House gives tentative approval to bills combating foreign influence
TALLAHASSEE, Fla. (CNS) - The Florida House is hearing two bills on Tuesday attempting to combat foreign influence and intellectual theft in the state.
The two proposals arose from the governor’s demand for the state to get tough on China.
Florida’s House Speaker is concerned with foreign influence and intellectual property theft in Florida, especially in the state’s universities.
“We found that there were researchers at the University of Florida, one of which was working on artificial intelligence, who had a secret relationship with China,” said Speaker Chris Sprowls.
That example, along with others from the Moffitt Cancer Center and UCF, are the driving factor behind Representative Cord Byrd’s legislation that requires more transparency from universities about foreign partnerships and donations.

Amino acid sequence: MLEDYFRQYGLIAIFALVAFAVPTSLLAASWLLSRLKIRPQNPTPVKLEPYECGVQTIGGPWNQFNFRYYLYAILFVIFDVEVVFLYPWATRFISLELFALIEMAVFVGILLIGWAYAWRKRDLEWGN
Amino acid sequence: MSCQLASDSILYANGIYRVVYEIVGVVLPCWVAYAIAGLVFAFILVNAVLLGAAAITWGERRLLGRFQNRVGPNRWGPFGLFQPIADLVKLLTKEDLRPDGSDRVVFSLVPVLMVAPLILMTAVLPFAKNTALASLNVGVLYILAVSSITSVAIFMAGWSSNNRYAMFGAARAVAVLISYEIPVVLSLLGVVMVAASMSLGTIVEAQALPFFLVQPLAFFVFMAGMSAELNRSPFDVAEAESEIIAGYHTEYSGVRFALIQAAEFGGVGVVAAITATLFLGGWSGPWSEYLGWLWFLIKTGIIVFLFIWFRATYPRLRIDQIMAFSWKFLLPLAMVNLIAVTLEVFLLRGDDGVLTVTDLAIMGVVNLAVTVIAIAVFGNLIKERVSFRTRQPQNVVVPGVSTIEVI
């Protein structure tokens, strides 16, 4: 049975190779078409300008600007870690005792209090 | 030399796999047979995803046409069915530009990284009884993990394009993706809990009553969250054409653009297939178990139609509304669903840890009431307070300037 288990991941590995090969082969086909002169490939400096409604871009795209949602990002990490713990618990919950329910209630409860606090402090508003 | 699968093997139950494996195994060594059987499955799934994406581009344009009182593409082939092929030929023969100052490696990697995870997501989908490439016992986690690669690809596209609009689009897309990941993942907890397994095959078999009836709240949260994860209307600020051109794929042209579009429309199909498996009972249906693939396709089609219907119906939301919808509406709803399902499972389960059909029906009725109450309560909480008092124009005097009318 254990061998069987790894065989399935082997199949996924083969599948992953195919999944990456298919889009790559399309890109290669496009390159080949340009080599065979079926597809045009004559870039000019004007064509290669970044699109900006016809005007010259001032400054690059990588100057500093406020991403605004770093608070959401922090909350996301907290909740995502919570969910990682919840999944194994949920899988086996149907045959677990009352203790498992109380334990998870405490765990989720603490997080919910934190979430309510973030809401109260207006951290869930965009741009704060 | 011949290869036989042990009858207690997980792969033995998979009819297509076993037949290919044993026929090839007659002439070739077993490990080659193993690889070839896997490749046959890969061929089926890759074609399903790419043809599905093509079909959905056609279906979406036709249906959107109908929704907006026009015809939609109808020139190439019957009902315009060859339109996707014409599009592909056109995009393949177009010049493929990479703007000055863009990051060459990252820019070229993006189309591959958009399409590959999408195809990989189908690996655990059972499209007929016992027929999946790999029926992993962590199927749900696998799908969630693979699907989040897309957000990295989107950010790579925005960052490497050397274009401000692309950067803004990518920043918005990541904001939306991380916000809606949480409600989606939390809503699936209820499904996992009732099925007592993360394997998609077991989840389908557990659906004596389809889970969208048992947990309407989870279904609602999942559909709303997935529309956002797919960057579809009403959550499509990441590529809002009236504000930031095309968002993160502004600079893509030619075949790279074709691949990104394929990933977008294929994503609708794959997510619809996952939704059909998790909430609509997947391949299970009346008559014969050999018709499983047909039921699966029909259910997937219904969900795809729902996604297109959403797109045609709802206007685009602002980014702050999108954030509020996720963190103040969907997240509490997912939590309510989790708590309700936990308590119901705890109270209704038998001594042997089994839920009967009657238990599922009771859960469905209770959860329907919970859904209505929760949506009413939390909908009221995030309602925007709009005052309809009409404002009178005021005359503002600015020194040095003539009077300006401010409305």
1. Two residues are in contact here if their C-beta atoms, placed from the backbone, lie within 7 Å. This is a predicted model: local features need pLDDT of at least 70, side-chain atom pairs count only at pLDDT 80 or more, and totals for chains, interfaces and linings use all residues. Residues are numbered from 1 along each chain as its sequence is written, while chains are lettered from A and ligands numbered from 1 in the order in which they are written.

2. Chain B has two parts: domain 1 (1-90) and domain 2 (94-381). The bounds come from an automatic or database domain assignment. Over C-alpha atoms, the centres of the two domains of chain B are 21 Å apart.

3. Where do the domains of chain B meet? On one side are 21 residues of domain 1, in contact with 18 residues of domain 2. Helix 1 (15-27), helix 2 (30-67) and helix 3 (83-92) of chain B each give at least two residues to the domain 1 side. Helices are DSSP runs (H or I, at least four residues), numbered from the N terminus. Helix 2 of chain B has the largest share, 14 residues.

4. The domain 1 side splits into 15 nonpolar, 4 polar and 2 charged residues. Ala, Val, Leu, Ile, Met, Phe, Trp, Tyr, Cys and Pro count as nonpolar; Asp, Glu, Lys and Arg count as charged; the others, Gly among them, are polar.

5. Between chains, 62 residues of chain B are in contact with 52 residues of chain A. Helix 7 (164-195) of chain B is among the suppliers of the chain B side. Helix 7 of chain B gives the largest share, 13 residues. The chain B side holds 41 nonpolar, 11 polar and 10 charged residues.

“We need to do this at the state level to make sure that they aren’t getting in by the back door,” said Byrd.
There’s also an effort to protect business trade secrets from foreign actors.
Representative Mike Beltran worries not enough is being done at the federal level.
“It’s going to hurt our economy, especially if it’s done by foreign governments,” said Beltran.
He’s sponsoring legislation that would beef up penalties for corporate espionage and modernize state statutes to include virtual data theft.
“Almost all the intellectual property theft is done without actually appropriating a tangible object and we close that loophole that a lot of wrongdoers have used in order to escape liability,” said Beltran.
Both bills have moved quickly through the legislative process, receiving bipartisan support.
In the Senate the corporate espionage legislation is ready for a floor vote.
The legislation dealing with universities and local governments has one final committee stop in the Senate.
And it’s no secret, the main target of both bills is China.
“They are trying to gain not only an economic, but military advantage over us,” said Byrd. “And you know this is just the first step and if this doesn’t solve the problem then we will go further.”
That could potentially mean severing all ties between Florida’s universities and adversarial foreign governments.
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